The National Carbon Capture Center (NCCC) is excited to announce that CORMETECH’s lower-cost transformational technology – designed to capture at least 95% of carbon dioxide (CO2) from the flue gas of natural gas combined-cycle (NGCC) power plants – will be tested at the Center beginning in June of 2024.

The NCCC, located in Wilsonville, Alabama, is managed and operated by Southern Company and funded by the U.S. Department of Energy (DOE) and multiple sponsors. The Center is the DOE National Energy Technology Laboratory’s leading carbon capture research and test facility

Put to the real test

CORMETECH’s new PATHFINDER™ Point-Source Capture (PSC) Integrated Process Demonstration Unit will begin large bench-scale testing and optimization of CORMETECH’S unique, low-cost integrated process technology for PSC utilizing CORMETECH’s proprietary CORAL™ Solid CO2 Adsorber Technology.

“CORMETECH is proud to be teaming up with Southern Company, Middle River Power and Nooter Eriksen to conduct this important testing. We see this as a significant step in scaling our new technology for use in large NGCC plants,” said Christopher Bertole, Ph.D., Vice President of Product and Applications Development at CORMETECH. “The results of our PATHFINDER testing will enable CORMETECH to honor its mission to deliver innovative products and services that improve air quality and maximize stakeholder value.”

Utilizing a monolithic amine contactor

The CORMETECH team of experts will test a specific technology approach at the NCCC that utilizes a monolithic amine contactor to capture CO2 from NGCC point sources. 

The monolith (think of a honeycomb structure with tiny flow channels for the flue gas to pass through) has an internal porous structure containing amine (polyethyleneimine), which adsorbs the CO2 in the flue gas. Later in the process, the CO2 is desorbed and collected using steam for subsequent storage or use. This process occurs in a modular, multi-bed cyclic process unit that enhances scalability and significantly reduces the cost of carbon capture for large NGCC plants. Emissions source capture is called point-source capture because it involves separating CO2 from the flue gases emitted by industrial facilities and power plants before it enters the atmosphere.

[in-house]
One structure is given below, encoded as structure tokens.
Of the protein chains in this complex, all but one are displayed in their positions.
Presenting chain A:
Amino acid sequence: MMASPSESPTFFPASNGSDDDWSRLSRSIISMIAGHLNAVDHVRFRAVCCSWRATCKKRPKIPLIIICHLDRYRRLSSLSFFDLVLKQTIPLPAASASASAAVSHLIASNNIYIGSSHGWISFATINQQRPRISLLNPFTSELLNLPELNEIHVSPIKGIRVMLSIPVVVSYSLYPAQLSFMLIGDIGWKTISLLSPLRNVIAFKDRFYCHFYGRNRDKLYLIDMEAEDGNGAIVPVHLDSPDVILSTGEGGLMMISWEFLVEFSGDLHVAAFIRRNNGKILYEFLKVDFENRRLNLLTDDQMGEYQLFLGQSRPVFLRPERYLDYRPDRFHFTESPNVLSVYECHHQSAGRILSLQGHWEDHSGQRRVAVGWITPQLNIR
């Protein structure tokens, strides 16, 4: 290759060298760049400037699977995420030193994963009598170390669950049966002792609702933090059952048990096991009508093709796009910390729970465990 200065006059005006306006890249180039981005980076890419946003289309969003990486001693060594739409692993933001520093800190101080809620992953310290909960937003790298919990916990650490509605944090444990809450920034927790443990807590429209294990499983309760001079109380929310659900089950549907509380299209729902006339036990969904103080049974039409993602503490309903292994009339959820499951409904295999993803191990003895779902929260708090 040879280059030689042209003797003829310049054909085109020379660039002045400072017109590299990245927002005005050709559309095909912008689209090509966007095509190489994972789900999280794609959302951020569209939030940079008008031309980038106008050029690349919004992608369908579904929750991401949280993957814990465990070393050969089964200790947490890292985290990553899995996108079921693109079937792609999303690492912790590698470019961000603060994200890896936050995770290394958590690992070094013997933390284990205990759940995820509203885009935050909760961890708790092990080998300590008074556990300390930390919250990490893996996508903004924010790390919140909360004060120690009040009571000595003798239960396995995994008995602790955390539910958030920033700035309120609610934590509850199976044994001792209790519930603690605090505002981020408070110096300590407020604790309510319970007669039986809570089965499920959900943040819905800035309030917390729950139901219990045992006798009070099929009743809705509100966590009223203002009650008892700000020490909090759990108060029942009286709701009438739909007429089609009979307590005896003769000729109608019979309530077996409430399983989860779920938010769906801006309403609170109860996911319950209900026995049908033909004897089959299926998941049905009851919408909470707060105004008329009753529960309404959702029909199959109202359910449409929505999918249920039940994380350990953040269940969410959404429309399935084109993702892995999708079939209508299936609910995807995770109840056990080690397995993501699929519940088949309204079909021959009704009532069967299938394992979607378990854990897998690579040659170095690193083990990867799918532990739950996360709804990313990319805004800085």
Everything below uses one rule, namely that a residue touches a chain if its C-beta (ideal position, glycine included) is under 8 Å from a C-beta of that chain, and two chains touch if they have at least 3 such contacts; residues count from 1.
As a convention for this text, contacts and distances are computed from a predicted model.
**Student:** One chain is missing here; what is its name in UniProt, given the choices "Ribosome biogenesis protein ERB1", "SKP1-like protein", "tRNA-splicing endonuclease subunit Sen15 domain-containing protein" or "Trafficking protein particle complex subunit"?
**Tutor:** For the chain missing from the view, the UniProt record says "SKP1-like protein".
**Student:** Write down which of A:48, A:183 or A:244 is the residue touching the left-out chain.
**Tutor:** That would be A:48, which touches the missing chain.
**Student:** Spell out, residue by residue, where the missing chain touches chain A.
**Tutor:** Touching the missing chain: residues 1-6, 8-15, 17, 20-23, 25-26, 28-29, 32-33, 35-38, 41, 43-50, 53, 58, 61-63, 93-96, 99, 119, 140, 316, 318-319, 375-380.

The project is partly funded by a DOE Office of Fossil Energy and Carbon Management National Energy Technology Laboratory (DOE-NETL) $2.5 million award. The CORMETECH project was among 12 projects awarded a total of $45 million in federal funding to advance point-source carbon capture and storage technologies that can capture at least 95% of CO2 emissions generated from natural gas power and industrial facilities.

“The NCCC is looking forward to collaborating with CORMETECH’s product developers and extended team of engineers to test this newest point-source capture approach,” said Tony Wu, NCCC Principal Engineer. “It’s always rewarding and challenging to collaborate with fellow innovators all working toward the same goal to accelerate the development and deployment of next-generation carbon reduction technologies for fossil-based power plants.”

The National Carbon Capture Center is recognized for its groundbreaking work to help reduce greenhouse gas emissions from fossil-fueled power plants and industrial sources. The NCCC’s highly specialized team advances emerging technologies from the laboratory through real-world testing, assists in moving carbon management technologies to scale-up, and then helps usher them to successful commercial deployment.